Take a ride on a bus or subway and you’ll encounter humanity in all its rawness. Some observations, like seeing self-complacent, middle-aged women roll their eyes in irritation at the handicapped person who needs special assistance to exit the bus, make you angry. Other sights, like hearing another story of homelessness without drugs for the fifth time, are disturbing. But sometimes you can get a glimpse of the beauty of humanity (and ultimately God).
It’s the children. They’re always turned around in their seats with their faces pressed against the windowpane. Probably not the most hygienic practice, but these children remind us that subway rides are not as dreary as we might think. Two children, a brother and sister between the ages of 6 and 9, sat beside each other playing finger games. And that was all they cared about.
They made noise, but no one cared. They were having fun, they were overflowing with pure, liquid joy. Their mother or guardian didn’t seem to be much concerned about them as she stood near the door with her back towards them. But I sat beside them and I felt the siblings’ sweet energy wash the day’s worries away. Why can’t we return to that stage of bliss? When we can lose ourselves and be completely without a care?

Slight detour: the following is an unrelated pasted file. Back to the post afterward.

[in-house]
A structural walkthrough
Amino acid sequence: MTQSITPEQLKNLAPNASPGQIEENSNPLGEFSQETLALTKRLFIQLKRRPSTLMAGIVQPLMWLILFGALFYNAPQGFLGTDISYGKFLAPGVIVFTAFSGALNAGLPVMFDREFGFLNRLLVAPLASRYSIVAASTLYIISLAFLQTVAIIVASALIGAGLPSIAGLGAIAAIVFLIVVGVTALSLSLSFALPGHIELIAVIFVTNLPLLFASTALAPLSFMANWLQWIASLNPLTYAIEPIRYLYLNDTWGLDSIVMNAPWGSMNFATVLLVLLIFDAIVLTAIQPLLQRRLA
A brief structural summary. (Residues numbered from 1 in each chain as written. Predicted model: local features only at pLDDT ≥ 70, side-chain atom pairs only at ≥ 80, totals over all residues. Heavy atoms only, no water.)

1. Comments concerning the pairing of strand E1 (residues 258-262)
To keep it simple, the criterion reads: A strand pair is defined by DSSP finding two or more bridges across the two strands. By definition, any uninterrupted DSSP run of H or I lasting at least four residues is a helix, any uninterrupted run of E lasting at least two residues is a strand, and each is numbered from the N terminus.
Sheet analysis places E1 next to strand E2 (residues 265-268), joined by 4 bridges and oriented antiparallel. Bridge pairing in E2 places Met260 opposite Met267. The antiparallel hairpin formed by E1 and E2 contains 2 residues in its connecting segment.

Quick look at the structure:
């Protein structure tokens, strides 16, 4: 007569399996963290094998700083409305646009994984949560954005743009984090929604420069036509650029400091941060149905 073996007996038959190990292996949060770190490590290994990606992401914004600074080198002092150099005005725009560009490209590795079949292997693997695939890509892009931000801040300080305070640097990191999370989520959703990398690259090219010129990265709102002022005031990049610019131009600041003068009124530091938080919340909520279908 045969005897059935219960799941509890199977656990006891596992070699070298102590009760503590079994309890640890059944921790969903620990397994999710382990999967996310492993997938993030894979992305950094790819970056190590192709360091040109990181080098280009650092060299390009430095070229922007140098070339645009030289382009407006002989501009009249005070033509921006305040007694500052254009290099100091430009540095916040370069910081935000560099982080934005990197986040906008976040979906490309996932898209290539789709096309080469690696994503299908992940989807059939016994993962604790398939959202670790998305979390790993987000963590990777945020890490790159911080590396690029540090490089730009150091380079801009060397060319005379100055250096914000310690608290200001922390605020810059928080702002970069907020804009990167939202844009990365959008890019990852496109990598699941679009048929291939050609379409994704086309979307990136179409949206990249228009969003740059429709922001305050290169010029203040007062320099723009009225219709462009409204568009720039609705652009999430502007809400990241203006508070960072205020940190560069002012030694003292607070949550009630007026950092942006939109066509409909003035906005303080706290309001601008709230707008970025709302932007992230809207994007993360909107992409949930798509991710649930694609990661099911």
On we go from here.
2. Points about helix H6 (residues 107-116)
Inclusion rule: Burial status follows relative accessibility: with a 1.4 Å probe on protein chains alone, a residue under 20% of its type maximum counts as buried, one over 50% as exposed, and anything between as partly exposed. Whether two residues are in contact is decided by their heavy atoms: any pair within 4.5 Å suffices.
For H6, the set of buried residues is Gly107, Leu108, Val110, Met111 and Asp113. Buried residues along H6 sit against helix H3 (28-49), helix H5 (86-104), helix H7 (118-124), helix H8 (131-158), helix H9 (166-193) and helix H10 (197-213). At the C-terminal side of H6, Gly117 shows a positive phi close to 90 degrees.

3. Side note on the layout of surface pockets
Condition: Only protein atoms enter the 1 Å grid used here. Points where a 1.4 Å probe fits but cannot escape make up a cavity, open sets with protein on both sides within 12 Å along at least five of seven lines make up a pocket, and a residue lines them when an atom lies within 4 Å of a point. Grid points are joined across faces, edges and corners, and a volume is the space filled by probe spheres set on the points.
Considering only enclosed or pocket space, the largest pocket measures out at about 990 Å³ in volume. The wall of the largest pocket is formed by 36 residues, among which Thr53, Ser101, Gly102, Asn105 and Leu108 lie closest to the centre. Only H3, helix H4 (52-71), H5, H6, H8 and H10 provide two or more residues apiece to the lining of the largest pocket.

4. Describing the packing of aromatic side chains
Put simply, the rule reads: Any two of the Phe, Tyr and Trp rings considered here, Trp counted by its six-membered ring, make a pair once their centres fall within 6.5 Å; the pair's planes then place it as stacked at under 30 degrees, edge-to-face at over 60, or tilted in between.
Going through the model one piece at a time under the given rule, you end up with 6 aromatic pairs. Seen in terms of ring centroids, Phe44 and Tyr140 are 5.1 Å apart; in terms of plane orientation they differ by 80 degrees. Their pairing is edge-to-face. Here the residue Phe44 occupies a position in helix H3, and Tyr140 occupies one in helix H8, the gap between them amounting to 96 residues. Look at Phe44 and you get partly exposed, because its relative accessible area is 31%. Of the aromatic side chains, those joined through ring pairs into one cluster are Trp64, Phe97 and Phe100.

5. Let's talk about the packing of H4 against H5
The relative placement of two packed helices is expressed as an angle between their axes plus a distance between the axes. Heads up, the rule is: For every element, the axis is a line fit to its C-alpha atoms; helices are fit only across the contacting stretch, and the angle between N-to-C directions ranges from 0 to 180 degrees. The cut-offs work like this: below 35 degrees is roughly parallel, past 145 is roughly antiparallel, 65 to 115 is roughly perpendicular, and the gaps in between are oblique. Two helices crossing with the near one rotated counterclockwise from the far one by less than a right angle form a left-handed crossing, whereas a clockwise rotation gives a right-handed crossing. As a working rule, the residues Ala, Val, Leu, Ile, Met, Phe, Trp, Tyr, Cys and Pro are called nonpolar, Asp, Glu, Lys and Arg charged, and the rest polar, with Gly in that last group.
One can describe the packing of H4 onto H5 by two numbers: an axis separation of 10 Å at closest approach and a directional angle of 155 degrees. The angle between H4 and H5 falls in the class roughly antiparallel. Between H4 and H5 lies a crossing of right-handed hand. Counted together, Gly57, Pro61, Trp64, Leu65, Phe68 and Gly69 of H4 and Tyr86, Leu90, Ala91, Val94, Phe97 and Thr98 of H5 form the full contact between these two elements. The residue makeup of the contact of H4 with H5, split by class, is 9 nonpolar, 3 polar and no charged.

If life demands greater responsibility of us, we as adults cannot forget what must be done. But in those moments on the train or bus, we are reminded of the joy we once had and can still keep alive in our memories.
Never lose the joy of living.